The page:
All you need to know about The Lives of Artists
The definitive collection of artist profiles by New Yorker writer Calvin Tomkins - from the 1960s right up to today
In the introduction to The Lives of Artists, The New Yorker’s editor David Remnick describes a typical meeting with its author, Calvin ‘Tad’ Tomkins. “Every few months or so, Tad and [Tomkins’ wife] Dodie come to the office. Our editorial meetings are brief. ‘Here is what’s happening,’ Tad says. ‘This artist is astonishing.’”
Remnick knows to trust his profile writer. Tomkins has been on the staff of The New Yorker since 1960, and, over that 59 year stretch, he has profiled almost every important artist within the contemporary art world.
Phaidon’s new collection of Tomkins’ work, The Lives of Artists, brings together 82 of those significant profiles in a neat package of six paperback books.
These include lengthy, personal accounts of his time spent with legendary art world names such as Marcel Duchamp, Andy Warhol, and Jasper Johns, as well occasional briefer pieces on artists like the Swiss painter Paul Klee.
Though Tomkins is exquisitely well connected, he does not write like an elite art world insider. There’s no pretentious terminology, or references to difficult, academic theories. Instead, there's lots of entertaining, exquisite detail. Take this description of Andy Warhol's early illustration technique for instance.
"He would sketch with a pencil until he got what he wanted, then copy the sketch very rapidly in ink on tissue and press the tissue down on watercolor paper before the ink dried," explains Tomkins. "The result was a blotted, broken line that looked spontaneous and fluid and, oddly enough, highly sophisticated."
Tomkins keeps things just as simple with his more challenging interviewees. He may have profiled conceptual artists such as Bruce Nauman, but he begins that piece with a crisp description of the artist and his wife. “Bruce Nauman and Susan Rothenberg have lived for the past twenty years on seven hundred acres of open, windswept land near Galisteo, New Mexico, south of Santa Fe. Rothenberg, a painter whose imagery hovers between abstraction and figuration, is sixty-four, high-spirited, talkative, small, easy to like. Nauman, who is four years older, and well over six feet in his made-to-order cowboy boots, has the watchful reticence and the physical bearing of an old-time Western movie star.” The level of detail Tomkins observes, and how he reveals it, is a true joy to behold.
There are equally fantastic insights in all the other pieces. Consider, for example, Richard Serra’s admission to Tomkins that his father used to try to discipline him by having him move large sand piles from one part of the back yard to another. “After I’d spent all day shovelling, he’d come home and say, ‘O.K., tomorrow I want it over there,’” Serra remembers. It's an apt punishment, for the man who finished the late land artist Robert Smithson’s posthumous work.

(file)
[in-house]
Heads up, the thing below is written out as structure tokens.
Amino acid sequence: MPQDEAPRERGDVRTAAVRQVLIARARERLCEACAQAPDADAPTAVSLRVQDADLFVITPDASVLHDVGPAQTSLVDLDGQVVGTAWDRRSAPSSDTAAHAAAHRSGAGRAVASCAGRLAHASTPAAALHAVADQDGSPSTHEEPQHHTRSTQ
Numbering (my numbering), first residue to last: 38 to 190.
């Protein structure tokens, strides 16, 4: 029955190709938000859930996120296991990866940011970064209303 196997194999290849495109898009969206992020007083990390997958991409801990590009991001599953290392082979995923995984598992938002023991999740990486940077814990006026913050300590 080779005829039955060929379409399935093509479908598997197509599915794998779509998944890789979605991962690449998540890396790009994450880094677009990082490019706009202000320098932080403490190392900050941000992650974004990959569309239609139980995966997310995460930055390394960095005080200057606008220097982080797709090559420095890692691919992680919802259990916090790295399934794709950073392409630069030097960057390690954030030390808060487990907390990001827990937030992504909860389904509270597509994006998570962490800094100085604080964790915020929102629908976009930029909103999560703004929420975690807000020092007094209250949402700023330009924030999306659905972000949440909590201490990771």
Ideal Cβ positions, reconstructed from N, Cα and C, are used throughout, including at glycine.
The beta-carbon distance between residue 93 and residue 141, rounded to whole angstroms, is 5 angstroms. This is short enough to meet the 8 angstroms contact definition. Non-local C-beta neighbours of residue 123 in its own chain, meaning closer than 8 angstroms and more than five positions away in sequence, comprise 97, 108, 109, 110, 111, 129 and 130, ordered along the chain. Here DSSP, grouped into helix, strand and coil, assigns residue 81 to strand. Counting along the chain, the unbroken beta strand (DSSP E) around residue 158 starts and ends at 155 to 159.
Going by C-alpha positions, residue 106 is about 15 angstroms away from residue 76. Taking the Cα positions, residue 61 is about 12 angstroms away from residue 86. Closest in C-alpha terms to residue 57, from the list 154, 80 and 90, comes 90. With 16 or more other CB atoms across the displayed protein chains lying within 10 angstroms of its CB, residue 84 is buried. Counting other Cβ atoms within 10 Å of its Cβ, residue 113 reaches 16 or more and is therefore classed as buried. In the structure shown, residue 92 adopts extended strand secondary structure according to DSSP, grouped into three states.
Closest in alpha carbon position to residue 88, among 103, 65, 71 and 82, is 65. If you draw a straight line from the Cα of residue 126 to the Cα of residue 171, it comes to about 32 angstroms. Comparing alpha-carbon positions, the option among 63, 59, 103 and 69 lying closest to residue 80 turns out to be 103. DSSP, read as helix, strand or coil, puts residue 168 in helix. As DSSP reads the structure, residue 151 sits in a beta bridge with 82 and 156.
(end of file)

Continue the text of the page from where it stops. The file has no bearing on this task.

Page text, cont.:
James Turrell, offers up a similarly telling childhood recollection. “As a child, he laboriously pricked holes in the blackout curtains in his bedroom, to simulate the stars and constellations during the daytime,” writes Tomkins in his Turrell profile. “The curtains had been installed following an air-raid scare in 1942, the year before he was born.”
There are other, minor personal revelations in the books. Matthew Barney admits to Tomkins that he had to abandon his early ambitions to become a pro footballer, partly thanks to his height. “I’m six-zero, if I stand up straight”, he tells Tomkins.
You'll learn that Damien Hirst once stole his art dealer’s girlfriend; Ed Ruscha once dated the model Lauren Hutton and that Cindy Sherman and Richard Prince lived together for a year or so; “they broke up in 1982,” writes Tomkins.
We also learn that Alex Katz’ father used to jump off bridges. “Not for money—for the hell of it,” Katz tells Tomkins. “My father was a he-man.” We discover that Jeff Koons “in his soft-spoken way, could sound like a motivational speaker”; and that Mark Bradford used to love going to his local airport, LAX. “I’d see a plane land from Switzerland or Ghana or someplace, and I’d run to where the passengers were getting off and pretend to be getting off with them,” Bradford tells Tomkins. “First time I ever heard foreign languages. I’d push the Smarte Cartes back into the terminal and collect a dollar each for my lunch money.”
The books also feature Tomkins' profiles of architects such as Frank Gehry, David Adjaye, Renzo Piano and Buckminster Fuller - “Although, technically speaking, Fuller is not an architect, he has come to be recognized as a powerful force in contemporary architecture,” Tomkins points out.
These helpful, entirely factually though apparently off-the-cuff remarks might be why Remnick characterizes Tomkins as “our patient, better-educated, non-patronizing friend, the guy who knows way more than we do but understands that, without him, our attention might wander. He holds our interest with anecdotes, concise description, and dollops of incandescent history. He is open to everything and gets us there with him.”
The Lives of Artists will find a fan in anyone who likes contemporary art, and wants to know more about its most important figures. Yet this collection of profiles is also rewarding for true gallery insiders, anyone interested in the true nature and expression of creativity and recent history, or anyone who appreciates clear, compelling story telling.
Head to the store to pre-order The Lives of Artists and be among the first to receive it when it’s published on 25 September.